As the day was drawing in, an old woman with a roughened countenance stepped forward. She had walked across the fields to reach the place with just a gnarled blackthorn stick to aid her. Around her shoulders she draped a Galway shawl, the one her mother had given her sixty years before, on her wedding day. Her shoes were flat and worn and her stockings full of holes. She had lost her husband back thirty years or more.
‘Welcome Mother,’ Ériu said, and she called for some rugs so that the old travelling woman could find comfort on the ground. She sat beside her and took her hands in hers. They had known many years of toil, the skin like leather and the nails toughened by hard work. She lifted the woman’s chin so that she could contemplate the weather-aged face and saw shadows in her eyes, ones that held secrets and sorrows in their depths.
‘You have seen much hardship, Mother,’ and her voice was soft with concern. ‘Who takes care of you, now you are so late in age?’
‘I take care of myself,’ said the old woman. Her voice jagged from want of use. ‘For all I’ve ever loved has left these shores. I birthed ten children, but it was only seven I raised. Three died along the way. Two boys left for the West Coast of America when they was young and I have not seen them since. I had four girls and I saw all of them wed from my own door, down over in the gleann. But they live all around the world now, scattered, chasing dreams, that make no sense to me. They send me letters, but I can’t read their words.’
She took a breath, holding herself steady, for the hardest part of all.
‘My smallest son, he used to read them letters to me. I thought he’d be the one to stay. But he caught a notion right inside his head. He left the bed still warm, the tay not even wet. They say he’s in New York city, living with yer man. He was a good boy and surprised me most of all.’
The woman’s eyes misted over as she disappeared further into her reverie. She whistled her words through her blackened teeth with a rage building, too long held.
‘I cooked and cleaned for all of them and put them all through school. Dug the earth and mended clothes and dabbed their cuts and patched their knees and rubbed potions on their chests when they had colds. And for all of Ireland, and for all I’ve loved, they’ve gone now, and I doubt any will ever come home to me.’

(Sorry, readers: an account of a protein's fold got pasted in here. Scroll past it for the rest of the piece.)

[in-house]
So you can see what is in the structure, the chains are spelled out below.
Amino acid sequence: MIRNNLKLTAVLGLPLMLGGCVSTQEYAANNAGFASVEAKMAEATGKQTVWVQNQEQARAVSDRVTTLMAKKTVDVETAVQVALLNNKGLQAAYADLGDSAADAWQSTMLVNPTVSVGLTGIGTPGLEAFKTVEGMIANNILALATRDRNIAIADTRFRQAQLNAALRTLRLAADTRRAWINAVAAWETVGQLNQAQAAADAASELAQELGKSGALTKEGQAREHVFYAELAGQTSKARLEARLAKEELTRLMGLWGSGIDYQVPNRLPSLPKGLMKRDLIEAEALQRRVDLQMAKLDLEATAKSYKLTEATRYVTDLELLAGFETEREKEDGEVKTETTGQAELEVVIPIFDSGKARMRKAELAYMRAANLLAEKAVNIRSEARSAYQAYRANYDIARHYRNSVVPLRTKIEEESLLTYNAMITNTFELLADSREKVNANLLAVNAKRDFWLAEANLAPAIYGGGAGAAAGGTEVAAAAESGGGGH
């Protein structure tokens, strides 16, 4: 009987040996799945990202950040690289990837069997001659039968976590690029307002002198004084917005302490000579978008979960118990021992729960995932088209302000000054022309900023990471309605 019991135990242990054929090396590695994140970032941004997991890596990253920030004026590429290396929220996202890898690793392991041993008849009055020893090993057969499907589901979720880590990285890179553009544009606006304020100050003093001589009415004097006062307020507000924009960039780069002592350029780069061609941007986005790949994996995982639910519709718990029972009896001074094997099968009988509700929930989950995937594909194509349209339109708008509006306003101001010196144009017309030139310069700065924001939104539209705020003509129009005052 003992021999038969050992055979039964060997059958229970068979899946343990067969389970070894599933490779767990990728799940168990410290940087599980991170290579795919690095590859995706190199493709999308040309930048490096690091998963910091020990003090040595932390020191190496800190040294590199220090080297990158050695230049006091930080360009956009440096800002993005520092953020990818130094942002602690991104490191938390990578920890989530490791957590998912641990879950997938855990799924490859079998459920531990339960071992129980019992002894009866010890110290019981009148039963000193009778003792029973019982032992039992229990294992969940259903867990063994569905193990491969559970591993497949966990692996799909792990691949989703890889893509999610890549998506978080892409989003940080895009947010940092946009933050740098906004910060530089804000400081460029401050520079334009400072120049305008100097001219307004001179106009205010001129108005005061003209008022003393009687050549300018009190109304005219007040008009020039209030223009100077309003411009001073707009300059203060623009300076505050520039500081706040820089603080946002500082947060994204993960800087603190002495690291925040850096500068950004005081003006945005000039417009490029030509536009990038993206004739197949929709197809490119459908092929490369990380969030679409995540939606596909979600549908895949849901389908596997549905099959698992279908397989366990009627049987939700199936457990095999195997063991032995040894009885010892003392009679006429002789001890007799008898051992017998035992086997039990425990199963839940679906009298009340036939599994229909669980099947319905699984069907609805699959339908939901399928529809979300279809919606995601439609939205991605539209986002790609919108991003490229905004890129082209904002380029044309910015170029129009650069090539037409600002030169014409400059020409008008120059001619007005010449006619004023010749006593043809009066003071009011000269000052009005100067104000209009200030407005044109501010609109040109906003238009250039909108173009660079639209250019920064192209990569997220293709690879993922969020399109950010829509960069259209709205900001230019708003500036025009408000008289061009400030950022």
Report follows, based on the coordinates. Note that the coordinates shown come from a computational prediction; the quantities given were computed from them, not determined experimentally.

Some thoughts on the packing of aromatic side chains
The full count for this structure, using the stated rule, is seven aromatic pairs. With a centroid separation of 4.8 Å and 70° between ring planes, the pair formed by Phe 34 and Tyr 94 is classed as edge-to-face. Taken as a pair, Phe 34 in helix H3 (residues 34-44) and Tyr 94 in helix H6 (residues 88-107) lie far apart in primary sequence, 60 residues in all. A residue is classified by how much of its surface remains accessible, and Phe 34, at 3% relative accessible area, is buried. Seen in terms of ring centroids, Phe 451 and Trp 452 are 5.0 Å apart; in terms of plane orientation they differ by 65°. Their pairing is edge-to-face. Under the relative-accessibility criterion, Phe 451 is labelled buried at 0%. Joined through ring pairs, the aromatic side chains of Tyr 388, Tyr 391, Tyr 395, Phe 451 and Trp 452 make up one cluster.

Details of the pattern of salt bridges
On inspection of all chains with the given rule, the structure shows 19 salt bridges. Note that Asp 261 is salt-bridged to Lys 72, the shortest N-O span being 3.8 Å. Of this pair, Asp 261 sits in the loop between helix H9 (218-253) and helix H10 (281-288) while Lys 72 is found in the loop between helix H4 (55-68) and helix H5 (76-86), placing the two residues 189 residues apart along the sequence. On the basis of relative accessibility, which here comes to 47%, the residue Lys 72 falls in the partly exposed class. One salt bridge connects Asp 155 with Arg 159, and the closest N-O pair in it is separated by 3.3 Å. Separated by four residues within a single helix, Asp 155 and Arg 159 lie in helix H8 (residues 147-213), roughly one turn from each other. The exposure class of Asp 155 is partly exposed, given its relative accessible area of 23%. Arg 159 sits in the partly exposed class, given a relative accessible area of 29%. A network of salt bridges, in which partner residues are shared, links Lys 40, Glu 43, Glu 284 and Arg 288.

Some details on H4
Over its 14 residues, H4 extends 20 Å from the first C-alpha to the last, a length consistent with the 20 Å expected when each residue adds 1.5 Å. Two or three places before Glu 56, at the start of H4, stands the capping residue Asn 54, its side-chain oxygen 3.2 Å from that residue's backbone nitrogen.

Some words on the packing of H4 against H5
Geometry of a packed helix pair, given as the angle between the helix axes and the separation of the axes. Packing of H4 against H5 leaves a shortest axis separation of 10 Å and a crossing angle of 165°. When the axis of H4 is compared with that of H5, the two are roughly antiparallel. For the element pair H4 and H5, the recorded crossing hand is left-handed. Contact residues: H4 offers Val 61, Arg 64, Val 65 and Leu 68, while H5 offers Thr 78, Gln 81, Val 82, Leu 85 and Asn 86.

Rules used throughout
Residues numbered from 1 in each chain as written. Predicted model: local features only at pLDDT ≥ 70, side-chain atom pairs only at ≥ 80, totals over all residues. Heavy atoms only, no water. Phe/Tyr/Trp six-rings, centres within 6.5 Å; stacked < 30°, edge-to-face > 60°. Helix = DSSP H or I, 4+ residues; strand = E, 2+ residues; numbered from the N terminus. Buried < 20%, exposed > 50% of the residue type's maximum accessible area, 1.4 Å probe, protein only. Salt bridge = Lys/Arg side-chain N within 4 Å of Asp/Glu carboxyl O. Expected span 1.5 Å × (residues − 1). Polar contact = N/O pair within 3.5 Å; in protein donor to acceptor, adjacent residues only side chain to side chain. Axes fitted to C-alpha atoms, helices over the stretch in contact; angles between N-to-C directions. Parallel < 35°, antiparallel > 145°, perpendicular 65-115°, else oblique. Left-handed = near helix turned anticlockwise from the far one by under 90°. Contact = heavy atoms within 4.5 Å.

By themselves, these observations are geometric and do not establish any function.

A keening began, high over the people, springing from the broken stones at the entrance to the circle. It was a cry for Mother Ireland. In memory of too many gone, too few come back.
I look for you in clouds up in the sky,
and in the darkest waters of the sea.
The emptiness you leave puts up a cry,
for you have gone, and never more will be.
I thought I heard you in the blackbird’s call,
and in the bitter wind that raged the night,
but those long shadows made my heart stop small,
with nothing left of you, but bluest light.
If there are ghosts here in this world of sand,
the transience of neither here nor there,
then I should go to you across the strand
and visit you, to break my bleak despair.
But I will wait till death shall conquer me:
To see your sweetest smile, will set me free.
It was the saddest story of them all. Ériu held the defeated woman in her arms for a long time and lay her down to sleep on the blankets on that sacred ground.
Autumnal winds exhaled from the direction of the lough and the sun’s rays waned as it began its decent to the West. The people gathered close into the circle of the stones, talking amongst themselves, whispering words of comfort, healing, and love. Their stories softened, just by the telling of them and were held in the venerability of the stones.
‘Go back to your homes now. You are all children of Ireland. Tell your loved ones what has happened here today. Say you have left the old stories in the stones, guarded by the trees in this hallowed place, for healing and remembrance.’
The light was fading as they heard the churring of a nightjar and sensed a vibration humming from the stones. An evening mist was falling, and the people looked around for Ériu, but she was no-where among them. She had slipped back into the other worlds. They saw the entrance stones, no longer lying broken on the ground but standing tall and proud in their rightful place, under the watchful eye of Rannach Crom Dubh. There had been much restoration in the hearts of the people, on that day of Lughnasa, and no sacrificial bull had lost his life for their healing. To the displaced and to the angry, the truest blessing came. For those without a sense of place, home beckoned. Onto the mothers of Ireland, descended an overwhelming sense of peace.
Pippa Slattery has just completed the M.A. for Creative Writing at the University of Limerick. She has recently been shortlisted by New Irish Writing and was long listed for the 2021 Fish Short Story Award. She has short stories published in The Galway Review, The Blue Nib, The Ogham Stone and The Tiny Seed Journal. Her flash fiction piece Rag Doll was shortlisted for the Kanturk International Arts Festival. She has short stories and poems in the anthologies Vessel of Voices and Opening Doors.Pippa lives overlooking Lough Derg, in Co Tipperary and is currently working on her first novel.